After all program decisions are made teachers divide responsibility for rehearsing each part. Be sure to time the segments to ensure that the total assembly program length is 30 minutes, including transition times. At the last couple of run-throughs, the faculty should practice quick transitions between program components. This will keep the program on time, and the audience engaged. Teachers will have limited time to travel between schools, so each assembly should start on time.

The Day Before
   The day before the first program is presented, assign responsibilities for the day-to-day operation of the program. We assign each teacher a collapsible pull-cart for transporting items needed for the assemblies. Two music teachers drive a district-owned station wagon to transport a portable sound system. (We request that custodians provide a sound system and two microphones at each school. However, because we have found that it sometimes does not work properly; our back-up is available.)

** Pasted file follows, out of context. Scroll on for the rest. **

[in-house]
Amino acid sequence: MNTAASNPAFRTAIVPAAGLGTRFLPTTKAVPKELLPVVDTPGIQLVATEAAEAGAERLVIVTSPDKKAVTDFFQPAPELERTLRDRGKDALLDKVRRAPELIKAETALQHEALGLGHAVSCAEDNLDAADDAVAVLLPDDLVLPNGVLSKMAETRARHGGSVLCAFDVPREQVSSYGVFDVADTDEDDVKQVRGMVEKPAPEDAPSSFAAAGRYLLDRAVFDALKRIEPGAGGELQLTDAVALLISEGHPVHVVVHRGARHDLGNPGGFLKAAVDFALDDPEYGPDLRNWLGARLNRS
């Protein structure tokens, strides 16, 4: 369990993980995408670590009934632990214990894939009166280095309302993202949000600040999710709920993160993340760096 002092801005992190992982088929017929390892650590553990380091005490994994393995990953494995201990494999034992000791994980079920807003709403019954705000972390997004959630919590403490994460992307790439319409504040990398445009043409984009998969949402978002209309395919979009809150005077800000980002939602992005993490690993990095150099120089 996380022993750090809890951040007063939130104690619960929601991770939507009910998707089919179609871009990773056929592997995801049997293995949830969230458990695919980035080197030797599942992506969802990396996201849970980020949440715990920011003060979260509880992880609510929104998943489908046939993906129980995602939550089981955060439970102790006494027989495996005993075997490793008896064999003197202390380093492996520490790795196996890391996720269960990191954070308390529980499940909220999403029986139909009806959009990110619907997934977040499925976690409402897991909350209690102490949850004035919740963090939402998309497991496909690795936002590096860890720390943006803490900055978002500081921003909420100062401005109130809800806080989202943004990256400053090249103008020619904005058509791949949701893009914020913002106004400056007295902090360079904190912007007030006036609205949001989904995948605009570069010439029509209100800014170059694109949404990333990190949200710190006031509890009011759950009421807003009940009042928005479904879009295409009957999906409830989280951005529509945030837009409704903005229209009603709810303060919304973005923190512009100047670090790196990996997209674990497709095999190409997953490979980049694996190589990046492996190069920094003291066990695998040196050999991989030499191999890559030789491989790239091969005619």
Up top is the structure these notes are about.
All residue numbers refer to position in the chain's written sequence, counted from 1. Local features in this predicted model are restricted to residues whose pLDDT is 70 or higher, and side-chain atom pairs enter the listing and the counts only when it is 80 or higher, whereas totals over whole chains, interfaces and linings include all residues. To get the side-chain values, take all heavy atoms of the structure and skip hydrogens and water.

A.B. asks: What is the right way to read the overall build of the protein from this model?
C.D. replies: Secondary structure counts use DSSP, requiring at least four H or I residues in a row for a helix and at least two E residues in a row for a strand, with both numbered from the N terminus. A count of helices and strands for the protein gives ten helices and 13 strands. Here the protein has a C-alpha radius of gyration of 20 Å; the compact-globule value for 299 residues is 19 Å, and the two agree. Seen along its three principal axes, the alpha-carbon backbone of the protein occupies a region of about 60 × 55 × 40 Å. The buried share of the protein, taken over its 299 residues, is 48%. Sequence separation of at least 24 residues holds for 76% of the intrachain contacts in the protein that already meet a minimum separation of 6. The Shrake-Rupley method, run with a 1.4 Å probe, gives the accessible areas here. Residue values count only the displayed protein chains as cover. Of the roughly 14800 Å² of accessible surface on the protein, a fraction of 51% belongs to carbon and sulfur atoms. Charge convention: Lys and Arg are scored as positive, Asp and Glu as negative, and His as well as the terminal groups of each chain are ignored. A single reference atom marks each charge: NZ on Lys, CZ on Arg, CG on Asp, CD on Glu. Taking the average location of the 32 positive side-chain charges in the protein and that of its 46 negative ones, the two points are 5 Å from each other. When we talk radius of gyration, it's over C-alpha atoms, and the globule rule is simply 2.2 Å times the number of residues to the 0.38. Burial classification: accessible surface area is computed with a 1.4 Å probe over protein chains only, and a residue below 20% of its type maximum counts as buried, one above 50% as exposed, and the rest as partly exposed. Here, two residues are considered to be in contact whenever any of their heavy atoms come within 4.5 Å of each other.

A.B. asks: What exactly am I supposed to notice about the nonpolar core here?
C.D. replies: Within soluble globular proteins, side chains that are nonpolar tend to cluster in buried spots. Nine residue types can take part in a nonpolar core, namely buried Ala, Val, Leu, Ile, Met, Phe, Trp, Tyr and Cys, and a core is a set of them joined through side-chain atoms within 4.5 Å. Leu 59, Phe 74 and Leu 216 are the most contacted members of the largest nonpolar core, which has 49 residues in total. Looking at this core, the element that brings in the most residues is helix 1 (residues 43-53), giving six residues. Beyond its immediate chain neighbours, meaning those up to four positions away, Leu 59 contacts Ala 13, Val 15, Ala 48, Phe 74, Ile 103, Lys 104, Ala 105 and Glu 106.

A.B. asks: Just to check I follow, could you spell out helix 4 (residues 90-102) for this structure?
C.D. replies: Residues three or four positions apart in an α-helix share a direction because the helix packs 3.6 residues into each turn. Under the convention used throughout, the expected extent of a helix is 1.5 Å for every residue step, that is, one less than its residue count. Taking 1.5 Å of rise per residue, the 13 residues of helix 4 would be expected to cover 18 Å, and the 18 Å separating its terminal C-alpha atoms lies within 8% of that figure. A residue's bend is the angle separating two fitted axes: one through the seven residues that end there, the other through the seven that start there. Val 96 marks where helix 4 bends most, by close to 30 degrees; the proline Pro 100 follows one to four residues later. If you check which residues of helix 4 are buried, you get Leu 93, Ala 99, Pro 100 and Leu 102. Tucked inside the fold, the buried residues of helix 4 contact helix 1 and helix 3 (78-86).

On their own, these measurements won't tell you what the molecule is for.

The day before an assembly, teachers travel to their assigned schools to make sure that everything will be ready for the next day. A string bass is placed on the stage so that the teacher who plays it does not have to worry about hauling it between schools. A set of orchestra bells from a bell-pad kit is placed on the corner of the stage for similar reasons. The piano keyboard is dusted, and the school’s sound system is checked.
I set the schedule of assemblies, with care to work around school start times, recesses, and lunches as much as possible. The schedule is then sent to each school site electronically, as are any updates. 

The Show
   We begin playing a few minutes before the actual start of the program. For the past several years, the faculty has played big band music as students enter. One of our faculty members, a percussionist, retired a few years ago, leaving us without a good drumset player. Fortunately, a local professional musician, stepped forward to volunteer as our set drum player.